The Constitution dates from 1964 and was amended in 2001 to incorporate the system of local government. By virtue of a constitutional amendment in 2001 adding a new Chapter XA to the Constitution, the system of local councils is now entrenched in the Constitution in the following way (Article 115A): “The State shall adopt a system of local government whereby the territory of Malta shall be divided into such number of localities as may by law be from time to time determined, each locality to be administered by a Local Council elected by the residents of the locality and established and operating in term of such law as may from time to time be in force”. The Local Councils Act, modelled on the European Charter of Local Self-Government of the Council of Europe and which was adopted in 1993, set up local councils as local government entities.

Fiscal autonomy is limited. Local Councils cannot levy their own local taxes and they do not benefit from shared tax revenue from the state. The greatest share of Maltese Local Councils’ revenue comes from State grants (79.9% in 2005/2006). Local Councils also receive revenue from fees charged for the use of local public services, and income generated by investment and law enforcement. Sub-national public sector expenditure in 2005 represented 0.6% of GDP and 1.4% of the total public expenditure; the lowest percentages in the EU.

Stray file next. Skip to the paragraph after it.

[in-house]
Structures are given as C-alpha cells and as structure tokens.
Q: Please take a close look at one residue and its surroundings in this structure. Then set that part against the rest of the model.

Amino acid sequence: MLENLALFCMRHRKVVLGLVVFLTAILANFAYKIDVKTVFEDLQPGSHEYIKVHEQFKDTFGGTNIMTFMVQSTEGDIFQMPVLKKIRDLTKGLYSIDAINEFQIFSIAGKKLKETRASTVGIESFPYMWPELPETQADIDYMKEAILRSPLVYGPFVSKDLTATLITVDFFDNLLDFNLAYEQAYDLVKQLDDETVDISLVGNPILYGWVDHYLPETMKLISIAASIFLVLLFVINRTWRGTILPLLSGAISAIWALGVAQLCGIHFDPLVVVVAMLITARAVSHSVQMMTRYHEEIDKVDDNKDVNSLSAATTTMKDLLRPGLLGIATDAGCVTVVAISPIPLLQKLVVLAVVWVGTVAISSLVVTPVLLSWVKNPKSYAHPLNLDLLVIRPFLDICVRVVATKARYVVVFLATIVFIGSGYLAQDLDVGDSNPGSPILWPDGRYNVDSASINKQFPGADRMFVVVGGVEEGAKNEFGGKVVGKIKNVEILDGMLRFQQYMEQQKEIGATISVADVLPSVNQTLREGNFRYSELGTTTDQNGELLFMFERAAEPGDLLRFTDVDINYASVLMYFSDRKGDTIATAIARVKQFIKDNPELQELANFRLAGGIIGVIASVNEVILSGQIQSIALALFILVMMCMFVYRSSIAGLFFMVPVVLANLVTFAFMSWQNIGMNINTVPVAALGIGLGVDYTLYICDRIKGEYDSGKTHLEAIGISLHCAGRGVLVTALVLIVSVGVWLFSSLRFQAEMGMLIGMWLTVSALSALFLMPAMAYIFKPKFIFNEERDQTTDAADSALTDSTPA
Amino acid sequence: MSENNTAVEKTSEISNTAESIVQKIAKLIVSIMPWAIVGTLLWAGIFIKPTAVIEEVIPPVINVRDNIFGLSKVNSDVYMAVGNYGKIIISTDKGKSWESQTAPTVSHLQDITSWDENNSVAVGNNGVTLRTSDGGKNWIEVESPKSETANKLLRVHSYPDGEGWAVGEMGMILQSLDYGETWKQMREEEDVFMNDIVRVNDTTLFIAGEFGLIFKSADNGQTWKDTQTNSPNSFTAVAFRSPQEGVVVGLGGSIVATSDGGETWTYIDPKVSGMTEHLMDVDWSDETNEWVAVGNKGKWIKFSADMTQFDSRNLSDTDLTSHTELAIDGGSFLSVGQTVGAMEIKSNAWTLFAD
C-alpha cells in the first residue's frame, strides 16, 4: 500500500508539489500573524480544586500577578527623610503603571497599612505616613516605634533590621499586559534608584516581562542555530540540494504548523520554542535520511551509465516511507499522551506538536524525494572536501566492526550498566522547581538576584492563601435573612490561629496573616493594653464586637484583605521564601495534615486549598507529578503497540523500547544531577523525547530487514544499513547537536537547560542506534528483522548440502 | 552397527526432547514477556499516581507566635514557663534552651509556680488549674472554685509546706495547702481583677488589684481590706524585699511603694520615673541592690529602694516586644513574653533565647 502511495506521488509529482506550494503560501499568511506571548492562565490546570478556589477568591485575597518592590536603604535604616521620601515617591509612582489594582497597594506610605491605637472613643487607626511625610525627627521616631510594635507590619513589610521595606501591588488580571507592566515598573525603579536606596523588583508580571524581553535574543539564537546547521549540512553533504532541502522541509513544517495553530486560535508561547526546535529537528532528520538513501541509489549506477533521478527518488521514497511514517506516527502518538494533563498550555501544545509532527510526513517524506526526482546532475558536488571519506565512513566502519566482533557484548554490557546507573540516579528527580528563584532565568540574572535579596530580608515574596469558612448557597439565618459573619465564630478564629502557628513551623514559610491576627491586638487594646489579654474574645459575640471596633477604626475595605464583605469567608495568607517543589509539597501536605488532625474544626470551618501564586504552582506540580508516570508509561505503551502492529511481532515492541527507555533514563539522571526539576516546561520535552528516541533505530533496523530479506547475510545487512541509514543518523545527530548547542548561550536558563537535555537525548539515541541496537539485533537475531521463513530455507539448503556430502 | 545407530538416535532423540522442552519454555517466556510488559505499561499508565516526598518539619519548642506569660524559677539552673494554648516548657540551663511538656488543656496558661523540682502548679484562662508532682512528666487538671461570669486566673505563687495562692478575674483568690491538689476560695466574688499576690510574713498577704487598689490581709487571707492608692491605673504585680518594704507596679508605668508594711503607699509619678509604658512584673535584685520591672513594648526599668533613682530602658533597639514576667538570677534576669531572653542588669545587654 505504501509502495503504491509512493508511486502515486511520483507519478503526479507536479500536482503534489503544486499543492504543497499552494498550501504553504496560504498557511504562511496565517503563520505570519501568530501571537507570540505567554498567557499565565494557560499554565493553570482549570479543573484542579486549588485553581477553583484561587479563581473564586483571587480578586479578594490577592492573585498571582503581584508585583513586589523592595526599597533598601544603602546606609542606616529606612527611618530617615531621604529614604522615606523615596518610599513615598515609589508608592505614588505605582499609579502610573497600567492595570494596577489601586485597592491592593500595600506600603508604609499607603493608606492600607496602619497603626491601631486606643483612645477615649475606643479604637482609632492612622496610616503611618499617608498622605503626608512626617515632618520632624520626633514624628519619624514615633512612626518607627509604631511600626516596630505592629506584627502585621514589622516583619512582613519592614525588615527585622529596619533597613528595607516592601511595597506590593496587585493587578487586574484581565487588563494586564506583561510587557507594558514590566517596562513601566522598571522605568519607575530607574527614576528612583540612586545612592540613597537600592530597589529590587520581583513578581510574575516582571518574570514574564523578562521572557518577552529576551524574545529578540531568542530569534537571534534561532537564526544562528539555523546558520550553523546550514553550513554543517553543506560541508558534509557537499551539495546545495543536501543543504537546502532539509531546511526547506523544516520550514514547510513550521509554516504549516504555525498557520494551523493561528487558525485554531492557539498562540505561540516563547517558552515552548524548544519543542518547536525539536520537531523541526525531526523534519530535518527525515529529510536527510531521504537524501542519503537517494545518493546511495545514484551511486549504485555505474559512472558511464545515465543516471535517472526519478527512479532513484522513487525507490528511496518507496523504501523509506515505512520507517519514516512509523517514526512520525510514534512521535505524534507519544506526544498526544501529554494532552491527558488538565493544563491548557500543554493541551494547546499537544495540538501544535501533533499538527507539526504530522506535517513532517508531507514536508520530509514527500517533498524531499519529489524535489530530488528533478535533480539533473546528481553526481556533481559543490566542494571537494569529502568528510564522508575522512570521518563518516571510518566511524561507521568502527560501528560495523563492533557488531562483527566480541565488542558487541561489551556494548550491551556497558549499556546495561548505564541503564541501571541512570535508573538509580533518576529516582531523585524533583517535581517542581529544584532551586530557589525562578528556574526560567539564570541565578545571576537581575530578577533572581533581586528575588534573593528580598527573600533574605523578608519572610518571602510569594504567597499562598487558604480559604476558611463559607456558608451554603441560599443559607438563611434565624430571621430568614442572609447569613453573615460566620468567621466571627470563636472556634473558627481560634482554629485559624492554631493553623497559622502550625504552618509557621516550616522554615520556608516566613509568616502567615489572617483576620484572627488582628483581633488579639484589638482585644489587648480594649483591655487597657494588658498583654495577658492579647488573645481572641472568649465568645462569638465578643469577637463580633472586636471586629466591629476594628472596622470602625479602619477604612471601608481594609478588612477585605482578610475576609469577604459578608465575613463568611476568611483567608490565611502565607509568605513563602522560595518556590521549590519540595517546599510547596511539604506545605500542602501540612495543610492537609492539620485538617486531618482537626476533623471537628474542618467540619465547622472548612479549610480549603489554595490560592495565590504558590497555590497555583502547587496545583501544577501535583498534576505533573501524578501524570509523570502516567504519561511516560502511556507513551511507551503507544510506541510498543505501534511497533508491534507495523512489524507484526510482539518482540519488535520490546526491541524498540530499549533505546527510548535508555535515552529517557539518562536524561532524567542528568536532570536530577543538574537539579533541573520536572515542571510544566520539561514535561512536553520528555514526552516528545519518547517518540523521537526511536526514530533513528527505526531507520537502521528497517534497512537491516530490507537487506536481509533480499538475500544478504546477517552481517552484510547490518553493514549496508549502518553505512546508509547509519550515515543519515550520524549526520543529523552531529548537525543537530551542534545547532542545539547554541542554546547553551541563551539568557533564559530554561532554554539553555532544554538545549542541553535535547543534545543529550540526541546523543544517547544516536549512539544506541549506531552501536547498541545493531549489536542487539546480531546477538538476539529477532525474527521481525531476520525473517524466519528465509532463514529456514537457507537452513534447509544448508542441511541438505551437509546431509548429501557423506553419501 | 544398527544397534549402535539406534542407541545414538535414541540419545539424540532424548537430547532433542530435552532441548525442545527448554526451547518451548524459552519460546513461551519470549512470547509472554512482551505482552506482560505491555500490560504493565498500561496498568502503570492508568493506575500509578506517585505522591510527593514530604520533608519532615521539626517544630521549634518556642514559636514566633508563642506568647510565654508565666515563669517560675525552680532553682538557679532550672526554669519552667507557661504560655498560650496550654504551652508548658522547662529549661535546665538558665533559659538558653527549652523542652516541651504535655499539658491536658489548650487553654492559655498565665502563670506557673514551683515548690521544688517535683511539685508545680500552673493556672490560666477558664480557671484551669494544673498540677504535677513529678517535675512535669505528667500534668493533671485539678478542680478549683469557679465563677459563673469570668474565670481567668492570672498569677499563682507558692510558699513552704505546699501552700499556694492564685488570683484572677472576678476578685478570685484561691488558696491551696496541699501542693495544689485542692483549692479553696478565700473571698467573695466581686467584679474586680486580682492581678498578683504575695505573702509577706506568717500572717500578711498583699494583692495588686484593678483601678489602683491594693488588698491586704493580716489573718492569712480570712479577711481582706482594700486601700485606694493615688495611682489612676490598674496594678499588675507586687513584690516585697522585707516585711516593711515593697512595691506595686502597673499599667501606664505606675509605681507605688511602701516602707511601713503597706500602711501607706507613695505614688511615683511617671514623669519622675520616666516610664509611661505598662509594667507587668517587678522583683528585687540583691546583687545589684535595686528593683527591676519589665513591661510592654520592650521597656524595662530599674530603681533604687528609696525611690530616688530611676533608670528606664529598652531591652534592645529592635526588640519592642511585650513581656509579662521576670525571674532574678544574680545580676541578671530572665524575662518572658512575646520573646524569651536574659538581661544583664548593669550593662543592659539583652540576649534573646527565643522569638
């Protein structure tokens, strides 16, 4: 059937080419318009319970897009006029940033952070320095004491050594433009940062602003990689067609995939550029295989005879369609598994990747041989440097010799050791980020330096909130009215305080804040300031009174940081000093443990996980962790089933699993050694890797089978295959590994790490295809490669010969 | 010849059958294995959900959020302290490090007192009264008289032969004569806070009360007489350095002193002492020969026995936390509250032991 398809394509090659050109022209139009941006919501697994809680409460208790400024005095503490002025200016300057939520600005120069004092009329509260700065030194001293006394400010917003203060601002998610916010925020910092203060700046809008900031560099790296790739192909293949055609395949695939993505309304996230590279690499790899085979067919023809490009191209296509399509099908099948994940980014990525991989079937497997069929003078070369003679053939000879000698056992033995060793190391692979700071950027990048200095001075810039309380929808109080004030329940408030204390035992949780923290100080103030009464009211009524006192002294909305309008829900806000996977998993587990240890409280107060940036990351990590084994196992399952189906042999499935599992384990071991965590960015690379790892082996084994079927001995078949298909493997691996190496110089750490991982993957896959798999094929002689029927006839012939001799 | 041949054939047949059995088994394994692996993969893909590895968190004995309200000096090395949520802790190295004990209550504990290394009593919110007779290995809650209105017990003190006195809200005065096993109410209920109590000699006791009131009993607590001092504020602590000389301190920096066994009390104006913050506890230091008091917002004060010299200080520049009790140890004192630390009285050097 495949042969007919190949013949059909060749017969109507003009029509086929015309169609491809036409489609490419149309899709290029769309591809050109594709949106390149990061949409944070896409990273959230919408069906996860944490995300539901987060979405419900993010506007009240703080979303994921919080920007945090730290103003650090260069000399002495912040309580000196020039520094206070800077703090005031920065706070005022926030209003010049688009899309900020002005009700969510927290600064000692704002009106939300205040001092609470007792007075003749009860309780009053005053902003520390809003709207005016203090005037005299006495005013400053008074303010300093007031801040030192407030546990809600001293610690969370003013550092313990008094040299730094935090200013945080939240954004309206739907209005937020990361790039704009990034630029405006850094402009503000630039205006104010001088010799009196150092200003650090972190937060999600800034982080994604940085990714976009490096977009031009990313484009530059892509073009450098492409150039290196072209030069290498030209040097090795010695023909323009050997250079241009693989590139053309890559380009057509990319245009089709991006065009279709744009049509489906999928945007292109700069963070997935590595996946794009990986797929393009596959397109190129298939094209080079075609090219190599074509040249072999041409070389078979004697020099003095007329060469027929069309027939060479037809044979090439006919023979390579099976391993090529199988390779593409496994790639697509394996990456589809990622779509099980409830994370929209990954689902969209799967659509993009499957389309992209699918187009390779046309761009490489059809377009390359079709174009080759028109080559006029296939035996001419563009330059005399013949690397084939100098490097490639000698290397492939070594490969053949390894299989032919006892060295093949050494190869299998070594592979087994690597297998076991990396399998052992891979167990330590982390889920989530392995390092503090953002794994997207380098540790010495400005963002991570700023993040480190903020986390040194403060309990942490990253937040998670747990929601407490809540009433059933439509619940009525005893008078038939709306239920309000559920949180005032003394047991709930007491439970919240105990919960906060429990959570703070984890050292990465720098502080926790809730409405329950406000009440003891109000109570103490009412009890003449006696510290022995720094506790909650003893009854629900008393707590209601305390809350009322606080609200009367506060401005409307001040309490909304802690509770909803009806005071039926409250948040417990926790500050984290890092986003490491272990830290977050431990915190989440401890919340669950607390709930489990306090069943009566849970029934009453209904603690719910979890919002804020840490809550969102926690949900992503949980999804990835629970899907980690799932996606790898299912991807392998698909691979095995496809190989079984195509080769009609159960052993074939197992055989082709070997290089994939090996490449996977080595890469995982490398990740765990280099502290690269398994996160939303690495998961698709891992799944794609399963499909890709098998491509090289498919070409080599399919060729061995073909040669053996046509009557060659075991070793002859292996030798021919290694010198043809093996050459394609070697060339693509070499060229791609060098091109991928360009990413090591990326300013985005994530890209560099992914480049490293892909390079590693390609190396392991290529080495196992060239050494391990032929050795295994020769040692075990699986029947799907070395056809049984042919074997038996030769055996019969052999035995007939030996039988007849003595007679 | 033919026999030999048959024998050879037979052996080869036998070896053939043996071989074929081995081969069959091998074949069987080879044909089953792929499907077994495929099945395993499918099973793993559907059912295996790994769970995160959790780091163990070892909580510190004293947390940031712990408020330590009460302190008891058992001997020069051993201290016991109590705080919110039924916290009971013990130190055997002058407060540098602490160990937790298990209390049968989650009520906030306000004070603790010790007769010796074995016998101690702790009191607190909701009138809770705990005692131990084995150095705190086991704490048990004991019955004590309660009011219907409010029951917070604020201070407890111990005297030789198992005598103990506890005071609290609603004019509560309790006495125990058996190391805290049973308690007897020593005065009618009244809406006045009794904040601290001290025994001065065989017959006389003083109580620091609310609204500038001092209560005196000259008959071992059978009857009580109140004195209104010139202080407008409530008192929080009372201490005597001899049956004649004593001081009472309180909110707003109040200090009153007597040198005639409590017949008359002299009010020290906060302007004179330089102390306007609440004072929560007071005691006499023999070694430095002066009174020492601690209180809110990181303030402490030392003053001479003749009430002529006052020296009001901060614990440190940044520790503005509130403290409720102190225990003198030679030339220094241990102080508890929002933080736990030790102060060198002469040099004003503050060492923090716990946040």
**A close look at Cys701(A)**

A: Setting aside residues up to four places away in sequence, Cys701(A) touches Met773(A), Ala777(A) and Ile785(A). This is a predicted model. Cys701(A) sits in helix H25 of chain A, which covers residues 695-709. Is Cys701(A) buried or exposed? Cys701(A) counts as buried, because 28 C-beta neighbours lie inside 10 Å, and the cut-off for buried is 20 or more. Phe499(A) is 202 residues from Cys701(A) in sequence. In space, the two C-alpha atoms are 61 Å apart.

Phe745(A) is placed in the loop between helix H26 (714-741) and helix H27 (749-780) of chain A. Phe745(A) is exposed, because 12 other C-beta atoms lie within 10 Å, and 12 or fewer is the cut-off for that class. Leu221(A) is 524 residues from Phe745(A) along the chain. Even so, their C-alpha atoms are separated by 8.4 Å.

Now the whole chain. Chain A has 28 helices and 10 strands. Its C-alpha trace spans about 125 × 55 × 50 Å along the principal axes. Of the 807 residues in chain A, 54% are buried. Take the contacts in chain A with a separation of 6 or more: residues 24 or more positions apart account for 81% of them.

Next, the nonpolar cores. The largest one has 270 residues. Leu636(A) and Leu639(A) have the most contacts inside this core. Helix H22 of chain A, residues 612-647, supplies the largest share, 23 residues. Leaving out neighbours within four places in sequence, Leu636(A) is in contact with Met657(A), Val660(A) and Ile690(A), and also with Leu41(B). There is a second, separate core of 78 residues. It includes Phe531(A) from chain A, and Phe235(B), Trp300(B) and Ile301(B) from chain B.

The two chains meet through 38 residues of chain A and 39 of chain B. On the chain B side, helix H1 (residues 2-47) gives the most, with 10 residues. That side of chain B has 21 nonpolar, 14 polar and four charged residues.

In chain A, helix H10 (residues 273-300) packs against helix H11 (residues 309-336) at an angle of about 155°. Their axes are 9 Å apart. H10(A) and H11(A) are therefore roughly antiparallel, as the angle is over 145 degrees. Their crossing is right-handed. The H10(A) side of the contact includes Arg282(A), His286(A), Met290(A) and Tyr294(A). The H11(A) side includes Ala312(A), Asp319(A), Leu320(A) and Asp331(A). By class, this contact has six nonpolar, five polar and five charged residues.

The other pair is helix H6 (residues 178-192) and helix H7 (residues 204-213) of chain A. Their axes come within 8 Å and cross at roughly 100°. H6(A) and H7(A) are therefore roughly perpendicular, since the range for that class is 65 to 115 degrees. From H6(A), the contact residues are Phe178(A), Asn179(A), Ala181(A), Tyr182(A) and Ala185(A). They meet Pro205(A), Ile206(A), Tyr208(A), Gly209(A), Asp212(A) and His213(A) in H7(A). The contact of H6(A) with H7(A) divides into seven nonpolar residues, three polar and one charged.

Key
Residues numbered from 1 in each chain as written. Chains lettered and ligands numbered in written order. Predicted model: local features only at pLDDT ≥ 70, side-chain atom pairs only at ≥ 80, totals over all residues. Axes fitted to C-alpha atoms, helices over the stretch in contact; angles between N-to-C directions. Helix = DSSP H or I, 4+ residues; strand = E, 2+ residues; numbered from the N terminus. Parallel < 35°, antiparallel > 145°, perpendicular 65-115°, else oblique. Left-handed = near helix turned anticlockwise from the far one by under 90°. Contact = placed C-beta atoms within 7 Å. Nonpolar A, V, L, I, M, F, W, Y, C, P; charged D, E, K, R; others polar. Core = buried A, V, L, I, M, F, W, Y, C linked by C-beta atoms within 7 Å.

General division of powers​​​

Central level

National legislative responsibilities in all areas.

Responsibilities for:

  • Arterial and distributor roads determined by the Structure Plan;
  • National monuments, national parks or gardens;
  • Industrial estates;
  • Ports, airports and other national territories, establishments, buildings and items listed in the Fourth Schedule to the Local Councils’ Act.

Regional level

  • The Regional Committees have the following competences (Article 19 of the Regional Committees Regulations);
  • Maintenance of street lighting;
  • Enforcement of laws delegated to the Regional Committees;